“Disability” has little or nothing to do with this. Everybody needs this skill set. Imagine your eyes getting weaker as you are faced with graduate school reading or long-distance truck driving – and you’ve never heard of eyeglasses and have no idea where to go for help. Imagine needing to rip up an old driveway and having never heard of a jackhammer, nor had any idea of how to get one. Imagine needing to get to your home’s roof with nothing but a step ladder. Imagine needing a book but being unable to use a map in order to find the library.
In every case you need the TEST idea. Whether you are choosing the right saw to cut that piece of wood in that location or whether you are trying to find the map that will get you to the hospital you need in Paris or whether you are trying to find the academic article you need.
You need to know what you need to do (the specific task: cut 20 sheets of plywood or cut downa Christmas tree, find a book to buy or find a book to borrow). You need to know where you will be doing this (the specific environment: in a forest, in a workshop, in a town with a university library and four bookstores, in a place with neither). You need to know your own capabilities (your skill set: I am strong enough to cut down a tree with a hand saw, I am experienced enough that I can cut a straight line with a hand-held circular saw, I can walk to the bookstore, I know the Dewey Decimal System). And you need to know what is available to you to help you, and how to use those devices (your toolbelt: My neighbor has a chain saw, I can rent a table saw, a bus will get me to the bookstore, if I go online and reserve that library book it will be waiting for me at the counter).
This all sounds logical, but it is hardly automatic.
Choosing the right tool takes knowledge of yourself and the tools which are available. It takes practice in assessing the task and the environment. And in school we don’t help students toward any of that. In school we prescribe methods and we require specific tools (the dreaded middle school planner, just as one particularly stupid example – the teacher-determined notebook style as another). In school we tell students what they can and can’t do and we get very nervous when they really try to analyse their environment.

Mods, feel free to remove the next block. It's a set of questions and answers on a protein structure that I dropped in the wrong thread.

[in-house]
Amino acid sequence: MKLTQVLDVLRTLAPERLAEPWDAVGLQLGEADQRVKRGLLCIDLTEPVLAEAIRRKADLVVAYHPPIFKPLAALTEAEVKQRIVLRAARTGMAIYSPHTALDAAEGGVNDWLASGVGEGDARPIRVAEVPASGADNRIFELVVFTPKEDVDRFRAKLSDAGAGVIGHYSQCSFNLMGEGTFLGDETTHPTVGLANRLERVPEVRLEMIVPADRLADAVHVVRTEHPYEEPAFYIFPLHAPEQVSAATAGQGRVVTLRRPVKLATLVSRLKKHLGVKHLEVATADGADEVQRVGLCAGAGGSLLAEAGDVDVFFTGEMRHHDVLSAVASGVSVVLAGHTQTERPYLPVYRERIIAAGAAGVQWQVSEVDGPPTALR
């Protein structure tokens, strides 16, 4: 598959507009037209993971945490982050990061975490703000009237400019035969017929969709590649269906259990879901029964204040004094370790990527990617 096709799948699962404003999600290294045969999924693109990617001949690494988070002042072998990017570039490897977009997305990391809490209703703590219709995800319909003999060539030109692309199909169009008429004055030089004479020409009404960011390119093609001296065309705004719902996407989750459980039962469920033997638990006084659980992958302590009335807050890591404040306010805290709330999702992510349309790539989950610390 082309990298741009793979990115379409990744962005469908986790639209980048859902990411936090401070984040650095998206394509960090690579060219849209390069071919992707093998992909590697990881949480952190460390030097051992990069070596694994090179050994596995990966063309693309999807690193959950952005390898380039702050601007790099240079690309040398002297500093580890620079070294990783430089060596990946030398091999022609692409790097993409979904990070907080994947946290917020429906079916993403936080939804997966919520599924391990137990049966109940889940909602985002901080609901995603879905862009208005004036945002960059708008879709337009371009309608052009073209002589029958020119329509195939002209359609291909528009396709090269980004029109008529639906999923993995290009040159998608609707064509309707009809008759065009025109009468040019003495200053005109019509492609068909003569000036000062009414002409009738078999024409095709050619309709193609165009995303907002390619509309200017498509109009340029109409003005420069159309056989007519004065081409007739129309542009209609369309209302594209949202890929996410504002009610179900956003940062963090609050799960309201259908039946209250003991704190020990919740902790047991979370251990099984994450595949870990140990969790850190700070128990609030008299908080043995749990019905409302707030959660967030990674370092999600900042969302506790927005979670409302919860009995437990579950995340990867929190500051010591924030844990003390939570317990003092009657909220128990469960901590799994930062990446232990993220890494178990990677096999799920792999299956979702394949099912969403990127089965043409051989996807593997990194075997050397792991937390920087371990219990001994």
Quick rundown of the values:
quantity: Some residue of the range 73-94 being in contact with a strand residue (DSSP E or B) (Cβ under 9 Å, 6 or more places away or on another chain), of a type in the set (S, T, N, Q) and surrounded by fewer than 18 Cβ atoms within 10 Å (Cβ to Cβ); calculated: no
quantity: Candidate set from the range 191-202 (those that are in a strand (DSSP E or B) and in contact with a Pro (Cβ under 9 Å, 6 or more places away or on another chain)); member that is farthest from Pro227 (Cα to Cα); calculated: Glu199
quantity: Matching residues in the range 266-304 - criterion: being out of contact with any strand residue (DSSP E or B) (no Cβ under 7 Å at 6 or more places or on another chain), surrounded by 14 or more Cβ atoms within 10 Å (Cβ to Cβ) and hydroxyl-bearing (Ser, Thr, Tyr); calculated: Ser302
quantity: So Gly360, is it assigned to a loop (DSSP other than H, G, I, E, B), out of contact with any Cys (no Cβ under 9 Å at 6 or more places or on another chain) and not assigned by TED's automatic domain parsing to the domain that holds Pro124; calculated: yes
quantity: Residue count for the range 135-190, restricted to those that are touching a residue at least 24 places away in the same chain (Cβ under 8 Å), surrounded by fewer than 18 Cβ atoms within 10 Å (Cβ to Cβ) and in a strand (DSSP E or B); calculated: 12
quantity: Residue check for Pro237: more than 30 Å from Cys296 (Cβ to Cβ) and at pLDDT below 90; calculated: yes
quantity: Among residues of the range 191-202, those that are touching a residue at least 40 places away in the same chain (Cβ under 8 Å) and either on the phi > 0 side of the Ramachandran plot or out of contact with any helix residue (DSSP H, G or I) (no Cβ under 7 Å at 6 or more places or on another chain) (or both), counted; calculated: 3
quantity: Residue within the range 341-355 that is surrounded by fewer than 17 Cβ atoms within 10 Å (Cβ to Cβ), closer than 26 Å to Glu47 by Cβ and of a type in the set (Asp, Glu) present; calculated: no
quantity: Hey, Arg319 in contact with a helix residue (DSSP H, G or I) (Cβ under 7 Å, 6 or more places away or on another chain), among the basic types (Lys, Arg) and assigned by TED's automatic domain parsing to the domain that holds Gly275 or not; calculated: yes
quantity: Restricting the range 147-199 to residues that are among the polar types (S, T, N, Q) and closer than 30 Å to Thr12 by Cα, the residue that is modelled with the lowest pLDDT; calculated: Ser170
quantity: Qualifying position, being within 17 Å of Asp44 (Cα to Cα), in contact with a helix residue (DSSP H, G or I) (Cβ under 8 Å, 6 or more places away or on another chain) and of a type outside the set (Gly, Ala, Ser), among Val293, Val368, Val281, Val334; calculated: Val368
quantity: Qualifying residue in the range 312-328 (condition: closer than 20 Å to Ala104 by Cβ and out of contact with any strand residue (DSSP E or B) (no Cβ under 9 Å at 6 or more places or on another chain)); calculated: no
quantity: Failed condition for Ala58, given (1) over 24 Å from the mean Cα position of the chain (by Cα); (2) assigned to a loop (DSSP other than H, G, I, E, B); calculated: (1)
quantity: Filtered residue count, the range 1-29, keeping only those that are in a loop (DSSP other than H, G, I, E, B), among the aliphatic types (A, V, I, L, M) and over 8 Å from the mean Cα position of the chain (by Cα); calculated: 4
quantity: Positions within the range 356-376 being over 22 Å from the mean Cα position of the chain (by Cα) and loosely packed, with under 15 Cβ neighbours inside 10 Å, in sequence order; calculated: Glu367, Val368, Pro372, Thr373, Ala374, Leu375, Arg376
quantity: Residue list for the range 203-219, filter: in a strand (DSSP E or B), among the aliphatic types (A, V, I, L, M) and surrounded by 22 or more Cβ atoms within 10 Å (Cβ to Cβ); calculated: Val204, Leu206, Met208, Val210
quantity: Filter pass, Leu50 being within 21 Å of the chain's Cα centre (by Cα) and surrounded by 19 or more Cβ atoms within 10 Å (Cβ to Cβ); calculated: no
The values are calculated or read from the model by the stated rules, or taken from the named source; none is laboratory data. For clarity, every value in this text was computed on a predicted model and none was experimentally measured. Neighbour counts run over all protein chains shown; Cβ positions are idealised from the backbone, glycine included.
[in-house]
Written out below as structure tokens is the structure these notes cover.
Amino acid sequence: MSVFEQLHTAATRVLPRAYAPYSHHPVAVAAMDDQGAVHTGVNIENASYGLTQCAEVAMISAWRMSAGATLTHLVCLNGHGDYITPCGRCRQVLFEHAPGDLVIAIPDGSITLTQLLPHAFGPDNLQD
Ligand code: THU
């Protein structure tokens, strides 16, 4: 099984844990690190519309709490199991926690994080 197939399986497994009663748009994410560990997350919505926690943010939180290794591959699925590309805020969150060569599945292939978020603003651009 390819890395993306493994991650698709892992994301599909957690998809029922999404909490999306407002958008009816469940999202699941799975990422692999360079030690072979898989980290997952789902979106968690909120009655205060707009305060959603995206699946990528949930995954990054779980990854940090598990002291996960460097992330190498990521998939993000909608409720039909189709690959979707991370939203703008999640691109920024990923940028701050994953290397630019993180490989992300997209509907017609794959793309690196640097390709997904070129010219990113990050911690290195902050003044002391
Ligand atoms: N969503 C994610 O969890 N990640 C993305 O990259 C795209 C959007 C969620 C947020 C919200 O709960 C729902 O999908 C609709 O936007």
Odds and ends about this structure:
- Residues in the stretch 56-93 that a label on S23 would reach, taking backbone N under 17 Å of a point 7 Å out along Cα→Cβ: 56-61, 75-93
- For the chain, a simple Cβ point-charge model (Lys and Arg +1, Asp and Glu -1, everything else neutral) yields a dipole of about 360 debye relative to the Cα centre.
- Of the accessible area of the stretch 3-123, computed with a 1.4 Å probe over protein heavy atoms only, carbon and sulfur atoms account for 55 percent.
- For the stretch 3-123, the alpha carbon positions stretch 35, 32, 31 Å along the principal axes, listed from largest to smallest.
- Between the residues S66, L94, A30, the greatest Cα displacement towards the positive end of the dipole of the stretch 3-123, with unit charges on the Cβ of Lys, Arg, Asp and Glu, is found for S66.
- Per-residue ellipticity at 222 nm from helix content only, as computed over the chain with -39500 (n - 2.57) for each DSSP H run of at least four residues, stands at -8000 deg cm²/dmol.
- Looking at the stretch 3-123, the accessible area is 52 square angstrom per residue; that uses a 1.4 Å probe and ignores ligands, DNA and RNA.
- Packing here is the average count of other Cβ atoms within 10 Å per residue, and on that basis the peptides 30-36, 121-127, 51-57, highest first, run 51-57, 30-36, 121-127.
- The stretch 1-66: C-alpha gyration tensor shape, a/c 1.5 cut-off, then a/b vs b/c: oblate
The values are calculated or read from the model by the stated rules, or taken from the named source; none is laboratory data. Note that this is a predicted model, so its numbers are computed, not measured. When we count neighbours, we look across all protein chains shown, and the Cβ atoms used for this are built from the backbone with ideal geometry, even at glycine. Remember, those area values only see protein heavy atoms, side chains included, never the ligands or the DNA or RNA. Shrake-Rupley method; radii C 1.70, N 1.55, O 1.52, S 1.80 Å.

And on top of this, the tools most schools are devoted to are antiques which serve few functions anywhere outside of school. It is as if you were learning to build homes but were allowed to use only tools invented before 1940. You’d be close to unemployable when you finished that training.
Letting the world in
The only way to allow students to assemble this essential toolbelt for information and communication is to to throw open your classroom and let the world in. How will your students know which calendar works for them – the one on their phone, Google Calendar with SMS appointment texting, Microsoft Outlook, or any of a dozen paper systems unless you allow them to try them out? How will your students know whether they ‘get’ a novel better by listening to an audiobook, or reading it on paper, or using text-to-speech, if you don’t let them experience all repeatedly and help them decide? Will their choice be the same when they are reading history texts? Math texts? Again, how will they know? How will they know which is the best way for them to write, by hand (either on paper or on a tablet system), by keyboard (and which keyboard), or by voice, if they do not get to try out all the kinds of writing they need to do with all these tools?
They won’t know. And you – the school, the teacher, the education system – will have deprived them of these essential skills.
It matters for all students, of course, but- as always – if you are “rich, white, and normal” it matters a bit less. You will have fewer needs, your parents will buy you more supports, you will be surrounded in your daily life by sophisticated tool users. So not bringing Toolbelt Theory into your classroom just exacerbates inequity – yes, of course – as school does in most things.
Real differences in survival
This is not a matter of success in school. This is a matter of human survival. A couple of years ago I sat in a resource room in a suburban American high school and watched an 18-year-old high school senior try to fill out a job application. His writing was “not good.” You might be able to make out most of the capital letters, but the small letters were just meaningless squiggles. I asked him, “Why don’t you just print that all-caps?” But before he could answer the teacher interrupted. “We’ve been working on his small letters for four years now,” she said, “we want him to keep trying.”